Alfalfa is nothing to fear with simple, proper management

Editor’s note: The following is part 2 of two-part series. See part 1.


Photo supplied by Ryan Boyd

The secret — if it is a secret — to pasturing cattle on alfalfa is to follow a few simple management steps to reduce the risk of bloat, say producers from across the country, who for years claim good success by including the forage legume in pasture mixes.

Straight alfalfa stands can be managed quite well, but most producers today are favouring alfalfa/grass forage blends. They are very productive, produce excellent rates of gain on cattle, help to reduce the bloat risk, and also provide important biodiversity. Biodiversity benefits the cattle in providing a range of crops that mature at different times and can handle varying growing conditions, as well as biodiversity to benefit soil health.

The main “not to do” message is don’t turn somewhat hungry cattle into a pre-bloom high percentage stand of alfalfa and leave them to selectively graze the lush leaves. If there is a heavy dew or rain as well, it creates a perfect storm for bloat.

The key “to do” messages include making sure cattle move onto alfalfa pastures with a full gut and the forage stand is dry. Introduce them to lusher forage gradually by limiting the amount of area they have access to in a day, and force them to eat the whole plant including stems and not just leaves. Other “to do” strategies that some producers use — supply a bloat-control agent in cattle drinking water, make some dry hay available as well, as the fibre in hay reduces the risk of gas build up in the rumen, and include low-bloat forage legumes such as sainfoin in the pasture mix.

It is important to apply some basic management principles to capitalize on the benefits of having alfalfa in a grazing program. As grazing research summarized in Part 1 has confirmed over the years, not including alfalfa in pasture mixes can be like leaving money on the table.

Here is what producers from across the country had to say about how alfalfa is managed in their grazing programs: Continue reading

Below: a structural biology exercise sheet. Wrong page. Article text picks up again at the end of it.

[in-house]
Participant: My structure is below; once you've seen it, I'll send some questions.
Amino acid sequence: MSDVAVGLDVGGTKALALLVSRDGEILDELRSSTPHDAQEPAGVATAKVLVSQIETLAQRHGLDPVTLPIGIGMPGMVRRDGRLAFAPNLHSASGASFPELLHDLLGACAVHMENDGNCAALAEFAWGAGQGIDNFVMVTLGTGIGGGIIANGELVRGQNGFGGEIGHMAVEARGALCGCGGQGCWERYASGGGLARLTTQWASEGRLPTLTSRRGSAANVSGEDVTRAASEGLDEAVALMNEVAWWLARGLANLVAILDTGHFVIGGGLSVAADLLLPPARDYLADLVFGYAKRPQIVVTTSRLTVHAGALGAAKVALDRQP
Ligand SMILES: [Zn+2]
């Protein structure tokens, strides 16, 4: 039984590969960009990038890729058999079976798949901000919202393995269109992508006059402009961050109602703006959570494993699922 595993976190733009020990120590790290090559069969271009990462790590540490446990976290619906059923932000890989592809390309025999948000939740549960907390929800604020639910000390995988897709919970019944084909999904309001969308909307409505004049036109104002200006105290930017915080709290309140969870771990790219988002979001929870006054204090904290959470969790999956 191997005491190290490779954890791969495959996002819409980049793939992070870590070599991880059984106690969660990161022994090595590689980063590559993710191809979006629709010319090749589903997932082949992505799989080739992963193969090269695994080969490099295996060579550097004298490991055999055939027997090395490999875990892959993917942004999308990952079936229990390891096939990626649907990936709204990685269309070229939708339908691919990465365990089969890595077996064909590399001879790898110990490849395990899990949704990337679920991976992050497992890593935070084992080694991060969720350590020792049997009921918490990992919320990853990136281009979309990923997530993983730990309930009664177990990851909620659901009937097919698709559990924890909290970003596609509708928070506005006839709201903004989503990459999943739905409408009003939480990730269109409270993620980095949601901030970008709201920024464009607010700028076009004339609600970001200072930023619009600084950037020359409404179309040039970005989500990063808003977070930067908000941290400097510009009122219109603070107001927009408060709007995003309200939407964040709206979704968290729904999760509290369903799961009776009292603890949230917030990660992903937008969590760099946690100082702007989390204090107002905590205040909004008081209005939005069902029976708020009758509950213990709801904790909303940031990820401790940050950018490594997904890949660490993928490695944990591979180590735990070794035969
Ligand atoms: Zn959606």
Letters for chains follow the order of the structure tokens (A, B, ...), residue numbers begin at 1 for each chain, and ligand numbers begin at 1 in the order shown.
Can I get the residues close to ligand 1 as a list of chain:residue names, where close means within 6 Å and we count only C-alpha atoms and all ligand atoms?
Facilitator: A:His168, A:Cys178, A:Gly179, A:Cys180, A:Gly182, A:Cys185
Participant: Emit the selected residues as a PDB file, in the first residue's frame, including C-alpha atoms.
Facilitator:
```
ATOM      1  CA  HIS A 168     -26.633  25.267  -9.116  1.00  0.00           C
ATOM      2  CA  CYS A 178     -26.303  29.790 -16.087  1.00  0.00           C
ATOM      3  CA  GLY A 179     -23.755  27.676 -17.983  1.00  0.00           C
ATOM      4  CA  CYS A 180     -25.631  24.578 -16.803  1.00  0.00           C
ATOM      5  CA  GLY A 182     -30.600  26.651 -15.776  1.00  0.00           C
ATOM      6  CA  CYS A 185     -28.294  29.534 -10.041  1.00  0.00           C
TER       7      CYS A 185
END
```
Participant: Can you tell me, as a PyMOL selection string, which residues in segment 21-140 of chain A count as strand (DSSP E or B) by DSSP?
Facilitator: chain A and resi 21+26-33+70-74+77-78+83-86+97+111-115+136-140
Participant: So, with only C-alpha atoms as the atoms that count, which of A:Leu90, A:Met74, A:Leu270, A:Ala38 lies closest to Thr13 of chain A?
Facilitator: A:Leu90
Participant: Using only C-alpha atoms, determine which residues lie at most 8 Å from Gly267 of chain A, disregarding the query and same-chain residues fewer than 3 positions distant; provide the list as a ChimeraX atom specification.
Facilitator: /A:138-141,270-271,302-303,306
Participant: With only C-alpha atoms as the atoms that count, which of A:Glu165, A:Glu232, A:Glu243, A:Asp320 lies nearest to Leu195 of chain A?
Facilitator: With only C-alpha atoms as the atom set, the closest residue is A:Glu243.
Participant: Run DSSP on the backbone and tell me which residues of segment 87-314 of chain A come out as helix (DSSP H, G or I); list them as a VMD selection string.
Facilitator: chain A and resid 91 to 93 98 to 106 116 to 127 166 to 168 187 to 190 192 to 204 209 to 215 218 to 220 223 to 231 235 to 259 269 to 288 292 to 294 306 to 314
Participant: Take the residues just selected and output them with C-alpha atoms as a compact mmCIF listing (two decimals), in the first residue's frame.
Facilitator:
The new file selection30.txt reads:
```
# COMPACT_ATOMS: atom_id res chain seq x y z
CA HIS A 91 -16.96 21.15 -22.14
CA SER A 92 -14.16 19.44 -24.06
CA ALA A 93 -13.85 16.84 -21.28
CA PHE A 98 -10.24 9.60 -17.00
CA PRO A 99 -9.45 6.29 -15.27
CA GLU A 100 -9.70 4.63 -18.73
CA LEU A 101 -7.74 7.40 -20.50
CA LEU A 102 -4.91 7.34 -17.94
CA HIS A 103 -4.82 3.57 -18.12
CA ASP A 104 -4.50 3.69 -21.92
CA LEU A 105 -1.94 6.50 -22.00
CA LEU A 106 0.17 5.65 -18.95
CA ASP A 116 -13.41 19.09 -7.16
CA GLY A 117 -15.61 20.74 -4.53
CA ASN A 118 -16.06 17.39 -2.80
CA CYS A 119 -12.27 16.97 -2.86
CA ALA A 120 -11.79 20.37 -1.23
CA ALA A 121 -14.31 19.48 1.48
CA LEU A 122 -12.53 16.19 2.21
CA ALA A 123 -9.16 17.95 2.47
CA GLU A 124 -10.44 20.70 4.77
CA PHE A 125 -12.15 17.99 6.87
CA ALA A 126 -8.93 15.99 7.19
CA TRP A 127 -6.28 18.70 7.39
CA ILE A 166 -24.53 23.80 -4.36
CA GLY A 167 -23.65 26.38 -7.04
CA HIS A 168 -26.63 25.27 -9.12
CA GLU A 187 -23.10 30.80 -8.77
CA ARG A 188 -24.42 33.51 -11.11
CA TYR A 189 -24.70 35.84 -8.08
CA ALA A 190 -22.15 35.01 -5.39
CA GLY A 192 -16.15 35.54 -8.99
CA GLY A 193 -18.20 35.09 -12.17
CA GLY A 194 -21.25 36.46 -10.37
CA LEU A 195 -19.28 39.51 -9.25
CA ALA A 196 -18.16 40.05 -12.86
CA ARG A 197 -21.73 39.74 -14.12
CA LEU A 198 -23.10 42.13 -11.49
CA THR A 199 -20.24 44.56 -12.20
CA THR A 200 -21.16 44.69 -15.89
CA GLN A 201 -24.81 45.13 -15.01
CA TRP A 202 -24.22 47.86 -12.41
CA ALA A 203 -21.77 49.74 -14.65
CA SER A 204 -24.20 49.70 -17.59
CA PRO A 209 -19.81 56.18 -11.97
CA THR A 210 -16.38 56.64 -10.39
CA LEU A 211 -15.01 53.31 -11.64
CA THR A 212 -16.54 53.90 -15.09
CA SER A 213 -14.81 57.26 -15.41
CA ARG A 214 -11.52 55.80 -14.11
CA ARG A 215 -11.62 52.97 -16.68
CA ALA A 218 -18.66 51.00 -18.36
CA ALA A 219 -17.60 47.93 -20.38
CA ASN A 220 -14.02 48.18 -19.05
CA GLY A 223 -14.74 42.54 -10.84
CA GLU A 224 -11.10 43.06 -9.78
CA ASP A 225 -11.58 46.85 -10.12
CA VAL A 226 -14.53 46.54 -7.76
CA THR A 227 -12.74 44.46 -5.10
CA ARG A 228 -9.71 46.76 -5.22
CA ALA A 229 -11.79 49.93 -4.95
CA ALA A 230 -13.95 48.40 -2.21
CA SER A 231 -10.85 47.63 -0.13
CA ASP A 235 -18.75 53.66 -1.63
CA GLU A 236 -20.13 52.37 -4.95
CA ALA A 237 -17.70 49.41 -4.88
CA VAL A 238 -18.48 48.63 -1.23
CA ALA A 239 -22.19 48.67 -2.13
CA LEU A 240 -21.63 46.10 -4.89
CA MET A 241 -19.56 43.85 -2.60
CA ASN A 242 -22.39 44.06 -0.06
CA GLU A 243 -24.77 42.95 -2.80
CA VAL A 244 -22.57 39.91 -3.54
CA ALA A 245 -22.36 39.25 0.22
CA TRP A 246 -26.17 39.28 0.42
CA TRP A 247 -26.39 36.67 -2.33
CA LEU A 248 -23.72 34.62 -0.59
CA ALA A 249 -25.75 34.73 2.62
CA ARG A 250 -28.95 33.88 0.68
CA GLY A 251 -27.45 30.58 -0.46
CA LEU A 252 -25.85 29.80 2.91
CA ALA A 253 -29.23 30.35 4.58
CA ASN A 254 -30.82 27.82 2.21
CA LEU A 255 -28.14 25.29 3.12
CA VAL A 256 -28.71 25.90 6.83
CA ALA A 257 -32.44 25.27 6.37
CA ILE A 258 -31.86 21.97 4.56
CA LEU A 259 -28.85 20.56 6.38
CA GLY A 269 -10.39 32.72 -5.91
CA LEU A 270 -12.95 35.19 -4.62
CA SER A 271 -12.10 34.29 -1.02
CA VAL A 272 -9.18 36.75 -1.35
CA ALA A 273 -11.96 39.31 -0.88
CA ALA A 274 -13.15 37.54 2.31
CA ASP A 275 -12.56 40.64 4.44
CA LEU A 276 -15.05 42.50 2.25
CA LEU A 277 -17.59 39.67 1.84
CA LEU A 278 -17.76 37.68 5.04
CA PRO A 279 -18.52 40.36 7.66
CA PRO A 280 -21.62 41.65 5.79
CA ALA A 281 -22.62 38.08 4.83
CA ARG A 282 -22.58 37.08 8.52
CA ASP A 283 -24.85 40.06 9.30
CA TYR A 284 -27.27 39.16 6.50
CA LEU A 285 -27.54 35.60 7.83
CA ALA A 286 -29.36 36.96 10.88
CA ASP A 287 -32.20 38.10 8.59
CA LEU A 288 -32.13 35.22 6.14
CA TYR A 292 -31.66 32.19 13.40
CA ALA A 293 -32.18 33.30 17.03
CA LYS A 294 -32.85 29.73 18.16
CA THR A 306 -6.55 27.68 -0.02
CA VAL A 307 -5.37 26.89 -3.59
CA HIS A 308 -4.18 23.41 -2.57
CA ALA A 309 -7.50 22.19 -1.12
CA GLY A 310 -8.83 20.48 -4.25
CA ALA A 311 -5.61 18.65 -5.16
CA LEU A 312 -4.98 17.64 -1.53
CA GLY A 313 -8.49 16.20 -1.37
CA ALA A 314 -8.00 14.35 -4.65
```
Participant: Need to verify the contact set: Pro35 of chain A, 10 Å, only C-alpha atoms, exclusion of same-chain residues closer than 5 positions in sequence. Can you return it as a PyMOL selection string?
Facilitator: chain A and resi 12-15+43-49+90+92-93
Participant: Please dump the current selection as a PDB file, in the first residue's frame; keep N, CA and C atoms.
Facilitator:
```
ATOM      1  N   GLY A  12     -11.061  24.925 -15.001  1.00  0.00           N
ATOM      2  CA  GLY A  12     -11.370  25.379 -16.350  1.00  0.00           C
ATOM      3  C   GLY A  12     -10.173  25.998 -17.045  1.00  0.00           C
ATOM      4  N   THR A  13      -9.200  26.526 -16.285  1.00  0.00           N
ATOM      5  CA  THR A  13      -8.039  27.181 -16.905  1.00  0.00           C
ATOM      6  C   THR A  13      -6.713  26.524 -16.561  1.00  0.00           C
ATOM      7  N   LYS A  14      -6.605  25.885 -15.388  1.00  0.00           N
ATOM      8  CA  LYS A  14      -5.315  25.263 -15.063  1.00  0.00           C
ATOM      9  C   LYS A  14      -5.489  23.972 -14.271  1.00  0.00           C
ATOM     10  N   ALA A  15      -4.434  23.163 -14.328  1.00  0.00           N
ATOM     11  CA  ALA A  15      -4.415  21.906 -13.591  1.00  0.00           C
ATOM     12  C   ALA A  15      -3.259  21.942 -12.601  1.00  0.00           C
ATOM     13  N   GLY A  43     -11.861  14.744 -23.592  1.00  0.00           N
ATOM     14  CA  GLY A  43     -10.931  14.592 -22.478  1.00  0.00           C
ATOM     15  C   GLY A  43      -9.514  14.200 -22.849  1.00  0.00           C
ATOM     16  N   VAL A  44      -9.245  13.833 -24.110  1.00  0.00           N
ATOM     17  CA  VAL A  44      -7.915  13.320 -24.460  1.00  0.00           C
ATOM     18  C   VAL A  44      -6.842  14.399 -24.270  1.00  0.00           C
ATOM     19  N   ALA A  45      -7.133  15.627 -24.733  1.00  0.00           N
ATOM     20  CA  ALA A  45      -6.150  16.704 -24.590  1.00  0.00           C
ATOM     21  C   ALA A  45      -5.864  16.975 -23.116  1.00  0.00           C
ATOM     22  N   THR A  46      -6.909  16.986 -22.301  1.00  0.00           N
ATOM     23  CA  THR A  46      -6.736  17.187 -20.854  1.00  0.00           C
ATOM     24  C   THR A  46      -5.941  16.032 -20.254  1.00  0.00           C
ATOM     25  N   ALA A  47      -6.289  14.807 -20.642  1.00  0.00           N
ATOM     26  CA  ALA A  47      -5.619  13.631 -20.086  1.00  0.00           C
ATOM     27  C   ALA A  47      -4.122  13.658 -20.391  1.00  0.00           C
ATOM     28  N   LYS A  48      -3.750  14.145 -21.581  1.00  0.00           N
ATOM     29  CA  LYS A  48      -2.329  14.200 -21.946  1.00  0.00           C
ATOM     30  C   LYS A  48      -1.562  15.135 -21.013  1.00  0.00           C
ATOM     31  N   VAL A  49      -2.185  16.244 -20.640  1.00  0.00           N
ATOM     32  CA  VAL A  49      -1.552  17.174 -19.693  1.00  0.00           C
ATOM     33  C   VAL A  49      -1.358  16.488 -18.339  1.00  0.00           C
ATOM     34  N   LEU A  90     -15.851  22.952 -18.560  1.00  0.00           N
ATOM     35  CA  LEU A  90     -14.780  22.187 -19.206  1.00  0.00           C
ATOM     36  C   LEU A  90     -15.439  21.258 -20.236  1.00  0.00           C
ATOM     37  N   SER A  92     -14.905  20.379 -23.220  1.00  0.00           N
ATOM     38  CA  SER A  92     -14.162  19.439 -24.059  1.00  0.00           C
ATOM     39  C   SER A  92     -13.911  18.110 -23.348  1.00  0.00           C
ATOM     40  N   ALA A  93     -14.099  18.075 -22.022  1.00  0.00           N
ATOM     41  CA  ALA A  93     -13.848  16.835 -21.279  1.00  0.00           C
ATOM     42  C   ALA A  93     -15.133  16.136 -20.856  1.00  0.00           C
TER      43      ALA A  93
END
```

Fear of bloat costs more money than actual cases of bloat do

High protein forage can increase rates of gain, benefit soil

Editor’s note: The following is part 1 of a two-part series. Stay tuned for alfalfa grazing tips from cattle producers from across the country in part 2.

Respect it, but don’t fear it. That’s the message from cattle producers and beef specialists alike who through years of experience and research appreciate the value of grazing cattle on pure or percentage stands of alfalfa.

Properly managed alfalfa makes good pasture with several added benefits, including:

  • Improved weight gains on all classes of cattle (gains of 1.5 to 2 or more pounds per day can be expected);
  • adding fertility to the soil with a nitrogen-fixing crop;
  • creating a hedge against poor forage production during dryer growing seasons; and
  • increasing plant biodiversity to benefit soil health.

Yes, there are circumstances when turning cattle into a lush stand of alfalfa at the wrong time and perhaps with the wrong class of cattle can result in bloat. But paying attention to a few production and management principles can greatly reduce the risk of bloat and provide producers the opportunity to capture the benefits. Continue reading

New sainfoin for safer alfalfa grazing



This article written by Dr. Reynold Bergen, BCRC Science Director, originally appeared in the March 2013 issue of Canadian Cattlemen magazine and is reprinted with permission.

Soil is like a bank account. If the nutrient withdrawals are always larger and more frequent than the deposits, the land bank will eventually go broke.

Plants use nutrients from the soil (and carbon dioxide from the air) to grow roots, stems and leaves. Some plant nutrients get returned to the soil through decomposition, manure and urine, but a lot of them don’t. Cows use the nutrients to produce milk and rebreed, and calves turn the nutrients into weaning weight. Over time, a lot of soil nutrients leave the pasture and go through the auction ring at fall feeder sales. If nutrients aren’t returned to the pasture through fertilizer, pasture productivity will eventually drop, and more forage acres are needed to raise the same number of cattle.

Alfalfa and other legumes help restore soil nitrogen, increase forage yields and extend pasture carrying capacity. The risk of bloat when grazing pure alfalfa stands can be reduced through Continue reading